I've been reading about data hiding and there seem to be slightly different definitions of it, so when trying to come up with a practical example, I'm not sure if I'm doing the right thing.

So far, I got that data hiding protects data from being accessible in an unexpected way. This makes me think of two different cases, but I'm not sure if these actually describe data hiding or I'm describing something else:

  1. Let's say I have a Gym class and a Member class. The Gym class will have a container of Member object called members. So if I'm using Python, maybe it will be a list of Member. But if I add members to my Gym by doing gym.members.append(new_member) then I'm revealing the actual implementation of my container. This could cause trouble if, for example, at some point I wish to stop using a list and start using a dictionary, since I'd have to find and replace all lines where I've appended members. So to avoid this, I'd rather create a method called addMember(self, member) where I can manage my implementation internally, within the Gym class.
  2. The other case is where I don't want an attribute value to be changed directly, because I need to do some checks before. To extend the first example, let's say the Member class has also active and a lastPayment attributes where active is a boolean set to True when gym membership is active and to False otherwise, and lastPayment is the date of the last payment made by the gym member. When the last payment was made more than a month ago, then membership is automatically set to active=False and then only when a new payment is made it's set back to True. This means that the active value shouldn't be directly changed by doing member.active=False. So in that case I'd protect this attribute by naming it as __active.

So these are two different cases (revealing actual implementation and preventing accidental changes) that I understand to represent data hiding, and I'm not sure if both are just two different examples of data hiding or I have some misconception and I'm describing something else.

  • 2
    Both examples are valid, although the second case (attribute depends on data external to the object) you should not keep the value in a variable but compute it on the fly. But that's a valid reason for data hiding by itself. Jul 18, 2019 at 5:11

4 Answers 4


Data or information hiding just refers to the practice of making your class variables inaccessible from other classes. In Java and many other languages you do that by declaring the variable as "private", in Python you prefix the variable with double underscore. So the examples that you've mentioned are both valid use cases for data hiding.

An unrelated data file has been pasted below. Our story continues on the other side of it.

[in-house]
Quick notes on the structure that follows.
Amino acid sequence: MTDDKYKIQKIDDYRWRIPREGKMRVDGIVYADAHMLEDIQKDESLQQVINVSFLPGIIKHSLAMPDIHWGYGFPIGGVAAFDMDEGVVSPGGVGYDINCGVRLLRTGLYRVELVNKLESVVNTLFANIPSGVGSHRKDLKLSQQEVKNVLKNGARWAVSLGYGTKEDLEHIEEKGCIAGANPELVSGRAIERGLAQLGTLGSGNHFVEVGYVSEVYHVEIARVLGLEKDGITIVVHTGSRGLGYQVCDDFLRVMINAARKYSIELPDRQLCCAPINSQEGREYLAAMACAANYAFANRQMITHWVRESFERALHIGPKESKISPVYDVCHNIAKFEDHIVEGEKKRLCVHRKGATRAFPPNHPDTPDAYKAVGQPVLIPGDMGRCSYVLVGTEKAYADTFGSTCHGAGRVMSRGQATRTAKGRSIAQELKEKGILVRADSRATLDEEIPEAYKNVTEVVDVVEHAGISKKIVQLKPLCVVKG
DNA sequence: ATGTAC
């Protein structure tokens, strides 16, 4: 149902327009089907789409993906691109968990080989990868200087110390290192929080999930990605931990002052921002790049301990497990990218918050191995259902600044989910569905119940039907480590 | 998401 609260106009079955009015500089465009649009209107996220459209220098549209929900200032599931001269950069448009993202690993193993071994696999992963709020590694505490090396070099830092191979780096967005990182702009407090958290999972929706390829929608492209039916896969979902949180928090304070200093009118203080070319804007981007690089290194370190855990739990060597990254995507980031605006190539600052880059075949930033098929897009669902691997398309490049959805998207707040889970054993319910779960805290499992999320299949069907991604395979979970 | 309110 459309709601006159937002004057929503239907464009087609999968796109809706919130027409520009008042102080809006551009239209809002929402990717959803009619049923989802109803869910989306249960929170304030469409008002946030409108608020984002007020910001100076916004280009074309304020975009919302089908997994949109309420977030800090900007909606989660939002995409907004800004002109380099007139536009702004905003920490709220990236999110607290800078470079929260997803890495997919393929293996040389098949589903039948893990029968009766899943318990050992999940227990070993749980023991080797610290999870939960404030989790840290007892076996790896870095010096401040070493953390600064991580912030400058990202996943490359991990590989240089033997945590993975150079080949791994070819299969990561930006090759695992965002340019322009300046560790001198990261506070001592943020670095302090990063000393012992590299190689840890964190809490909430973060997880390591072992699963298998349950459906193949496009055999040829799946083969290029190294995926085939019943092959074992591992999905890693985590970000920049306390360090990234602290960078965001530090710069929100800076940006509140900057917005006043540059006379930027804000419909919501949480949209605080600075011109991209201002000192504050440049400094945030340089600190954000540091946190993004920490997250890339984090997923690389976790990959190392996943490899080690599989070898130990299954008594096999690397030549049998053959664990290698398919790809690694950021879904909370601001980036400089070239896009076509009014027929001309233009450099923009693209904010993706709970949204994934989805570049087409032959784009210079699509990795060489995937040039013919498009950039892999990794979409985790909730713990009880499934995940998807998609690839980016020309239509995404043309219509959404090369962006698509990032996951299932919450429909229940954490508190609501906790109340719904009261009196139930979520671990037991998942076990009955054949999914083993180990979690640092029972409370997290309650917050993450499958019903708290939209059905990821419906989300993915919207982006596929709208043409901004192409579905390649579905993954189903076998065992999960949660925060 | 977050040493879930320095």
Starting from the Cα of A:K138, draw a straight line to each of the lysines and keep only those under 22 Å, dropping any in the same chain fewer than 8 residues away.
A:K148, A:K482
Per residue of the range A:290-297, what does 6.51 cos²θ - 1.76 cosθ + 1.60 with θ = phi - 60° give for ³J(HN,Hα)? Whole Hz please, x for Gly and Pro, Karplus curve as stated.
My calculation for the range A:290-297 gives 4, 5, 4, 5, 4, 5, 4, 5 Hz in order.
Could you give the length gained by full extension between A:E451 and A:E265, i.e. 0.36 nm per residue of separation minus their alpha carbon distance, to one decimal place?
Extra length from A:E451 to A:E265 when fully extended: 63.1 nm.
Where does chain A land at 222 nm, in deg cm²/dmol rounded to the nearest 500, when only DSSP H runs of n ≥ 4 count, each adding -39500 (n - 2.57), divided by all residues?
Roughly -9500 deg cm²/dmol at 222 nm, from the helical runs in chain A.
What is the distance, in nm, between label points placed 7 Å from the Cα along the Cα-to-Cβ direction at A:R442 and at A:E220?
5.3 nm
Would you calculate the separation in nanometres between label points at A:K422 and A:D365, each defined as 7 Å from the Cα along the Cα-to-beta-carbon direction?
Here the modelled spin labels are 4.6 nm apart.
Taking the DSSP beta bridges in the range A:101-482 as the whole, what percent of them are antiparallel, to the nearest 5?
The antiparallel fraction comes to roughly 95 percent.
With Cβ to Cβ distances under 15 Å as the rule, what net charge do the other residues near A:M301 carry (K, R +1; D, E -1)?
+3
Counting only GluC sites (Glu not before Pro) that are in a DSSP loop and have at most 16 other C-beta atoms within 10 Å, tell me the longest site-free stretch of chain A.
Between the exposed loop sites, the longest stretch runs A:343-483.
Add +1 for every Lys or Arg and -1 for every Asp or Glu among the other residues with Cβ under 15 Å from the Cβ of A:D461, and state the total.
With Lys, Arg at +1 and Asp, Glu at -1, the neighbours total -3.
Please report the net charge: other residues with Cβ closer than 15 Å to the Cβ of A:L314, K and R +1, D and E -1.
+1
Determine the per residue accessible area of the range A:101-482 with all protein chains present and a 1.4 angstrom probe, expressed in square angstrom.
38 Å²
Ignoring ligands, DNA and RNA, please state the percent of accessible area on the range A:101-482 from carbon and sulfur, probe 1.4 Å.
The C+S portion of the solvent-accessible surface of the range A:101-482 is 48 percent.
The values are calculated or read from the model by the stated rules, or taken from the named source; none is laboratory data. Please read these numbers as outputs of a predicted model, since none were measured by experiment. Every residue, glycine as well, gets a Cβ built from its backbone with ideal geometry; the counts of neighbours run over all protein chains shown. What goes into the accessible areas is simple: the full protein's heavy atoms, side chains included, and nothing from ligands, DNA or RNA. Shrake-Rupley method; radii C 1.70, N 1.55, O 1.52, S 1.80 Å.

A technical definition may be less clarifying than the reason for applying it. Your number 2 is just another property/ability of data hiding, not so much a reason to apply it.

Data hiding is a form of encapsulation and de-coupling with the intent of minimizing impact when internal design will change later. Have clients talk to an interface rather than directly to the data in order to allow you to move things around internally with minimal impact throughout the system. So your number 1 example is more to the point.


Is this data hiding?

Yes, it is.

Although you don't sound sure about it yet, it seems like you have understood the concept. That is already the full, direct answer to your question.

A little more detail

You were worried about changing the implementation, and that is a valid concern. However, there is an even nastier surprise waiting there; imagine code like this:

temporary_list = gym.members

# temporary_list gets passed around, until, somewhere else entirely:

Some random, arbitrary code was now able to add a new member to the Gym, bypassing each and every rule the class might have internally.

This maps well to the real world. If the gym hands out a list of members to somebody, obviously it will only be a copy, and not the "master list" used internally, to determine income, fitness station maintenance needs etc.

In general

The real world metaphor works well with the given example, but that's not always the case. The important part is that other code can not access the fields of an object*. Everything that happens to them happens exclusively on the class' terms.